Fun Star: UAF Office of Admissions rejects applicant

This article is a work of satire, so unbunch your panties, please.

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While disappointing for all parties involved, applicant Mark Madison made lemons into lemonade by turning his rejection letter into a canvas. It is now displayed on his family’s refrigerator. – Danny Fisher / Editor-in-Chief

Spencer Tordoff / Web Editor

Following their review of test scores, transcripts and accompanying forms last Friday, the UAF Office of Admissions and the Registrar rejected an applicant for Fall Semester 2016.

“Thank you for your interest in the University of Alaska Fairbanks,” read a letter sent to the prospective student by the office. “After careful review of your application, we regret to inform you that we are unable to offer you admission to UAF this coming fall.”

The student in question, Mark Madison of Desert Springs, CA, was found to not meet UA system requirements for admission.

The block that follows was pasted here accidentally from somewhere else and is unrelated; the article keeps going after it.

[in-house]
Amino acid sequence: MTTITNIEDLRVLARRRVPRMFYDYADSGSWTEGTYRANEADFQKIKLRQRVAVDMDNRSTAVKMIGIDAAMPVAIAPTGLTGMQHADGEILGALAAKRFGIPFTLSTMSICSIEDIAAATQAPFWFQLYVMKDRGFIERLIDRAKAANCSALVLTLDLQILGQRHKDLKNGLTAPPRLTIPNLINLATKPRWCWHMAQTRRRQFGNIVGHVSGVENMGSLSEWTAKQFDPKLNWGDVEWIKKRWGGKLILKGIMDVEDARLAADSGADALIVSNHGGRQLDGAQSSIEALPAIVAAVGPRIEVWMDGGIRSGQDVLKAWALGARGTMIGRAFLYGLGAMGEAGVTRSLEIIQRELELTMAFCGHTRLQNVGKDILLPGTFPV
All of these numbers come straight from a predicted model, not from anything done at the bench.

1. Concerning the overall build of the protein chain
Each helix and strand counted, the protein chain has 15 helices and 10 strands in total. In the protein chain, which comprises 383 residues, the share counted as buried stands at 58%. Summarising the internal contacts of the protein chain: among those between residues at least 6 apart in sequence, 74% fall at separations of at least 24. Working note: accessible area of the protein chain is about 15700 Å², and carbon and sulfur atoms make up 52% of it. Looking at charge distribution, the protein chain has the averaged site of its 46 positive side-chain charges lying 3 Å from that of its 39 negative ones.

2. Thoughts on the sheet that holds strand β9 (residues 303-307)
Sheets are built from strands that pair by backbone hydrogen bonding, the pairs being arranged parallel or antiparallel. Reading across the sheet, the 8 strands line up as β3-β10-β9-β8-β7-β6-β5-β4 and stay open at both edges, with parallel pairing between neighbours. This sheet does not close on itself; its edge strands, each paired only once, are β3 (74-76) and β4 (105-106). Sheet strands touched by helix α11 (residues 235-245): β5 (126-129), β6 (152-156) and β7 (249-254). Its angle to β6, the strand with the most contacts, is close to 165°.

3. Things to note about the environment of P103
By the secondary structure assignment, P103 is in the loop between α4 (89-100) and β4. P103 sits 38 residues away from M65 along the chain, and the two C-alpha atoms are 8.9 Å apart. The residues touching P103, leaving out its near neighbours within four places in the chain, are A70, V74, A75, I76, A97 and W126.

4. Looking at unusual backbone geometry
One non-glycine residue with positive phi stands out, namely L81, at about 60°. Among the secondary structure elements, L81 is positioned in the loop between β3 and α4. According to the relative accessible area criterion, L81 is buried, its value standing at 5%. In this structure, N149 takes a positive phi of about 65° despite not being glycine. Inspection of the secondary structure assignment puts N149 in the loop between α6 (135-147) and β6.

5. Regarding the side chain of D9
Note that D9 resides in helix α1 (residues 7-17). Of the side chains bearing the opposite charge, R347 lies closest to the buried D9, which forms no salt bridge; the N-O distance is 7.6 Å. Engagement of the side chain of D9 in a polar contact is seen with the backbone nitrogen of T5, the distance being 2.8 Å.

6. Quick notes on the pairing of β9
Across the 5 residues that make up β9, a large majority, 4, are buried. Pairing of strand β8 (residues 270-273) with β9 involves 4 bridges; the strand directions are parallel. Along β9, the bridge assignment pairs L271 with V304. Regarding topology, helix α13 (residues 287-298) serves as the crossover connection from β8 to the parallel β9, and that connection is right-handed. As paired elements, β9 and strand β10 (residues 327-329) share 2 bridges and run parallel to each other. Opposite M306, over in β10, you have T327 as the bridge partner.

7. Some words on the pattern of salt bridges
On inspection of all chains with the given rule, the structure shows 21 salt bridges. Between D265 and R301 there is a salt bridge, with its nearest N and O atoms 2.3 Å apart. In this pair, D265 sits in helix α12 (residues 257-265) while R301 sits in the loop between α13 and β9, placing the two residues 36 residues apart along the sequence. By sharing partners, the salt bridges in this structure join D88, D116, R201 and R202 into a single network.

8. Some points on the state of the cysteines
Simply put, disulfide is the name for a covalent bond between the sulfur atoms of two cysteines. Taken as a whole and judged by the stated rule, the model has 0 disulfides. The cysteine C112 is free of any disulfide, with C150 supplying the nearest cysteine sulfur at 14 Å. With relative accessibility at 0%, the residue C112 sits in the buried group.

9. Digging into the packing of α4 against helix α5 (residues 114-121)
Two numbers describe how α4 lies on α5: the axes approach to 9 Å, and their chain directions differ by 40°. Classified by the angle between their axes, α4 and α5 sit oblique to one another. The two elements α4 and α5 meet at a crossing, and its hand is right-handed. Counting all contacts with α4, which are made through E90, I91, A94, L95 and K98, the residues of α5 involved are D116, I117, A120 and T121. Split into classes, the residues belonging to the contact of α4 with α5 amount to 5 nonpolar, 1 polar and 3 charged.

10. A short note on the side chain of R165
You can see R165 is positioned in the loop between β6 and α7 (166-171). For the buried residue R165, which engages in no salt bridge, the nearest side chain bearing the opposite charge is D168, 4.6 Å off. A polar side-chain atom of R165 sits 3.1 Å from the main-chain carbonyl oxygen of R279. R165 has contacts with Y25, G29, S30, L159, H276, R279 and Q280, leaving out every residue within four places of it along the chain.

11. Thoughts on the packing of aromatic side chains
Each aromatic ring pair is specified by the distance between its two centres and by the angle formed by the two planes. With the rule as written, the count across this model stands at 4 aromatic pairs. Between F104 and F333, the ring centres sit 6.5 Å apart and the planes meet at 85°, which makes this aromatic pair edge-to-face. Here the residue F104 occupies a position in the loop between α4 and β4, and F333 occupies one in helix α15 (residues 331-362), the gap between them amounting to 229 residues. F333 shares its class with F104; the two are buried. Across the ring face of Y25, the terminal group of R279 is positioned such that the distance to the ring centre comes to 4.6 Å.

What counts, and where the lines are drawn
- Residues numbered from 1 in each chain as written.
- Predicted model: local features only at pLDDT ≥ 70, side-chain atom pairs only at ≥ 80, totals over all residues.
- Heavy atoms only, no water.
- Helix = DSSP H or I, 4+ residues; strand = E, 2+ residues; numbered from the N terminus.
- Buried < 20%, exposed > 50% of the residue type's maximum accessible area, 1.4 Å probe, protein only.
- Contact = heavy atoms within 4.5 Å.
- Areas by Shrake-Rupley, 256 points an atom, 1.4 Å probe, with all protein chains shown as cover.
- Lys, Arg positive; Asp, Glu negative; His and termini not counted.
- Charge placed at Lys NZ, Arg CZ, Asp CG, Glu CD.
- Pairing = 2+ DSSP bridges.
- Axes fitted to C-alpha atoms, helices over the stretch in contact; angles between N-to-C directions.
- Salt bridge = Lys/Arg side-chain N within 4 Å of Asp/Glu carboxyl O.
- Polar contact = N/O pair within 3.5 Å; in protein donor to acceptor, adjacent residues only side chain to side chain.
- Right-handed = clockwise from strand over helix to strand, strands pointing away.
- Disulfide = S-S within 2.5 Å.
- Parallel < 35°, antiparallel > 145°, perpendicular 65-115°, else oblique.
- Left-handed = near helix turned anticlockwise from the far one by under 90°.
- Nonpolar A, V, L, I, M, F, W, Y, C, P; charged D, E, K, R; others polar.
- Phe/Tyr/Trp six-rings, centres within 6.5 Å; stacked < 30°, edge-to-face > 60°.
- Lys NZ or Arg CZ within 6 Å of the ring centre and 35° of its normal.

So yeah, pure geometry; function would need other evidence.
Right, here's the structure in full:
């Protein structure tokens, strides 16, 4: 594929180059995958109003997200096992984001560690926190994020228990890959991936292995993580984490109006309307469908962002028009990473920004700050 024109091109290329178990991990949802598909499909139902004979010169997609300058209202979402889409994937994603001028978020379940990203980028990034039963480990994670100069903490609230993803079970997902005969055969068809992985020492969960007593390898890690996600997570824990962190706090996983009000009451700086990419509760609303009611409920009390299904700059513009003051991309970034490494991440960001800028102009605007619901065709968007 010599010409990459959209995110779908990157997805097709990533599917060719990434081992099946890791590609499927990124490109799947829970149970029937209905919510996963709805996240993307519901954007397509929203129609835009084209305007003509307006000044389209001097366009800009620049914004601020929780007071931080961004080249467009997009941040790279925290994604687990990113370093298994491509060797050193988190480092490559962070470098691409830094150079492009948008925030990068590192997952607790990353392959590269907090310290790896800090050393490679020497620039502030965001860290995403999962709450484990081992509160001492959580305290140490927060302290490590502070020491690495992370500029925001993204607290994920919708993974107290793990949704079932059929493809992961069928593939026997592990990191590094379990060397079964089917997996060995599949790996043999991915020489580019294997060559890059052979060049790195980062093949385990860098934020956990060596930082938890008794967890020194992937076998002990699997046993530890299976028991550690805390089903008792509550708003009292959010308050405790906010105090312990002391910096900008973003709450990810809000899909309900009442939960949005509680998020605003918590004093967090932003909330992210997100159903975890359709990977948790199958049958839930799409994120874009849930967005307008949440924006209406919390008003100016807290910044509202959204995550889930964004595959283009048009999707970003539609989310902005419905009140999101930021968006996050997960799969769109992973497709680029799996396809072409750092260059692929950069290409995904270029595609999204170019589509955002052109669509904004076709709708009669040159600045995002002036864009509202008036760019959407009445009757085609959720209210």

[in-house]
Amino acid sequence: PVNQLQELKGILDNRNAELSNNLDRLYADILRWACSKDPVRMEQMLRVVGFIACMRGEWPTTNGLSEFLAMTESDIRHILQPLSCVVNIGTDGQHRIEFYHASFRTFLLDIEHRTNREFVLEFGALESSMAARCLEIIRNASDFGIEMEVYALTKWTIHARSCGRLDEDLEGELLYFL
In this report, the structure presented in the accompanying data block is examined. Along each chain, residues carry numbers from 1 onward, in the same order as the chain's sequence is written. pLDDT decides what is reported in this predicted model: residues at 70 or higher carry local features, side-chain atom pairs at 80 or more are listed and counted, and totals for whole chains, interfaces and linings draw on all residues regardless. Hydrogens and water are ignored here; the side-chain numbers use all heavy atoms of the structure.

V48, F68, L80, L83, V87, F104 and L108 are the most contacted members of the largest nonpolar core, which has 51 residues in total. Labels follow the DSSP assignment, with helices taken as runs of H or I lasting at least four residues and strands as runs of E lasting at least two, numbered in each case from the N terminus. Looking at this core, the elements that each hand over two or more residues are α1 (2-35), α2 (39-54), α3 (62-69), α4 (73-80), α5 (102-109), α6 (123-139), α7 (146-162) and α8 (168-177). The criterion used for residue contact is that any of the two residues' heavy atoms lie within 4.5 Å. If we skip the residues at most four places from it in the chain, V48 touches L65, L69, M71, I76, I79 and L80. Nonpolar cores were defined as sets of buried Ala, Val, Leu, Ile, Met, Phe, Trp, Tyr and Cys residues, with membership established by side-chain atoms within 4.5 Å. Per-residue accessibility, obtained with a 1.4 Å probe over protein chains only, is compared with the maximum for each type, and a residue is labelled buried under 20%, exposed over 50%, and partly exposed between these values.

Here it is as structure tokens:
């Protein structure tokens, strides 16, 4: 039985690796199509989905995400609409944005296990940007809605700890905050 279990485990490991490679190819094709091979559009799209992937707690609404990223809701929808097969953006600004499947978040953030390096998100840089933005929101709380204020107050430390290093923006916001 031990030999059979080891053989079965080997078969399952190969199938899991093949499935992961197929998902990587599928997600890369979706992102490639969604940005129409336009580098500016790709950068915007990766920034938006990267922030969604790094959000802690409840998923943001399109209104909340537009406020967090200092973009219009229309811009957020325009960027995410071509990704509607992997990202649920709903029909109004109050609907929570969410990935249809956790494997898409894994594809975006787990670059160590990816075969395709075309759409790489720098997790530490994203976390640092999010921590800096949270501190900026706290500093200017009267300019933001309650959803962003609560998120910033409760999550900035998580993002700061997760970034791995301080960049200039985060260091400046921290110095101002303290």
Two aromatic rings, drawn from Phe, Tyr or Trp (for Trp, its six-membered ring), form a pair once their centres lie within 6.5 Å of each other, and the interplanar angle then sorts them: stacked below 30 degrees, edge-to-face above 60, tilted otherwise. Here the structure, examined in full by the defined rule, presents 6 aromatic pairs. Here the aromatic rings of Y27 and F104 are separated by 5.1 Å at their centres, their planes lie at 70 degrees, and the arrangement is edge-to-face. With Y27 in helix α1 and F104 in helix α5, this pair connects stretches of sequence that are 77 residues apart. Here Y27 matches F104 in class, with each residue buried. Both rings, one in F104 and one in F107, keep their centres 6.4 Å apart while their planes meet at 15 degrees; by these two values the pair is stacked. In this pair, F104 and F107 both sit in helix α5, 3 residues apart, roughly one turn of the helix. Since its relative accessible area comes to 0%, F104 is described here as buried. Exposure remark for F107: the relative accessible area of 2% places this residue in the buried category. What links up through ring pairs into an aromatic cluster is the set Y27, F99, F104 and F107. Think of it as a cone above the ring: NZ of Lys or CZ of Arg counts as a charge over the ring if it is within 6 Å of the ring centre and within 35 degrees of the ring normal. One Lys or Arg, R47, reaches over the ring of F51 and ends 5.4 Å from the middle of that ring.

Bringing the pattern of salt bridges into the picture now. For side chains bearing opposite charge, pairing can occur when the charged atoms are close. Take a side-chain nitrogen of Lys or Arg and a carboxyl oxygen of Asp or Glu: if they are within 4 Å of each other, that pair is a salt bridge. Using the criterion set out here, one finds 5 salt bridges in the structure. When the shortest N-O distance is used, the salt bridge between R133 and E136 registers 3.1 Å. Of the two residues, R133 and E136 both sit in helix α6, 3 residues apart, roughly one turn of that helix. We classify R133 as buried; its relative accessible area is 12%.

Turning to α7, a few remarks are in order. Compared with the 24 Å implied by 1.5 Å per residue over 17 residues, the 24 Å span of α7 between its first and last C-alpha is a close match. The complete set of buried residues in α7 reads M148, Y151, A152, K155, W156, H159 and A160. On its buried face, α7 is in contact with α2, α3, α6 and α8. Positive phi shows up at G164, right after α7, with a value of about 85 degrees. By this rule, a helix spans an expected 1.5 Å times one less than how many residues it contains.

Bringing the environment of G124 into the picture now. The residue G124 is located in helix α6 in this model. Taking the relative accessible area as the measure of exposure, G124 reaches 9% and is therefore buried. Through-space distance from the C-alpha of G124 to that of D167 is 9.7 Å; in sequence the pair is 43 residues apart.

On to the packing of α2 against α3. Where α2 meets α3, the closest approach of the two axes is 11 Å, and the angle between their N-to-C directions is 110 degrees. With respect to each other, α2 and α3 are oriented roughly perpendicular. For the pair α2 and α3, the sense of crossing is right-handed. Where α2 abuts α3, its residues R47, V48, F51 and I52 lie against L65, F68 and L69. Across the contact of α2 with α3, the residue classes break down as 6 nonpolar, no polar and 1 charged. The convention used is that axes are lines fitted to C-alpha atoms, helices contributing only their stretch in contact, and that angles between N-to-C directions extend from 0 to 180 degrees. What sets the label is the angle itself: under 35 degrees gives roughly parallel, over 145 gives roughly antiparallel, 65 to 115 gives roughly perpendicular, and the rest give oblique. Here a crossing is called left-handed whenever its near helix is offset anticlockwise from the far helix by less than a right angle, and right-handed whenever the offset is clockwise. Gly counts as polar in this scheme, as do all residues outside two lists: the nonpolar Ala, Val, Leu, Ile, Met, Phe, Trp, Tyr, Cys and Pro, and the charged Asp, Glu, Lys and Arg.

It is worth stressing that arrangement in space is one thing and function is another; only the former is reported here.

“This is a very unusual situation for us,”  Mary Kreta, UAF Director of Admissions, said. “As Mark’s paperwork was filled out in crayon and contained several obvious errors, I figured we’d better have a second look at his materials.”

“Typically we’ll send an acceptance letter to anybody who applies,” said Kreta.

A review of school records found that since opening to students in 1922, UAF has never before rejected an applicant. This de-facto policy resulted in a number of embarrassing gaffes for the university, including the admittance of a suede loveseat in 1954, a Volkswagen Microbus in 1968 and no less than two deceased persons in 1937 and 2002 respectively.

In one particularly confusing incident, a muskox belonging to the Large Animal Research Station was granted admission in 1988. Records indicate that the arctic grazing mammal, nicknamed “Terry,” graduated in 1991 with a degree in Women’s and Gender Studies.

Attempts to contact Madison reached the applicant’s parents, who said they were previously unaware of their son’s interest in UAF. The Madisons said that they did not know why or how their five-year-old had applied to the University of Alaska, but noted that they probably would not allow him to attend college for at least a few more years.

“This is an embarrassing incident, one that reflects poorly on our institution,” said Interim Chancellor Mike Powers. “But with the budget being what it is, we really can’t afford to turn down anybody.”

At press time, Powers announced he was seeking a way to accept Madison’s tuition money despite the Admissions Office decision.

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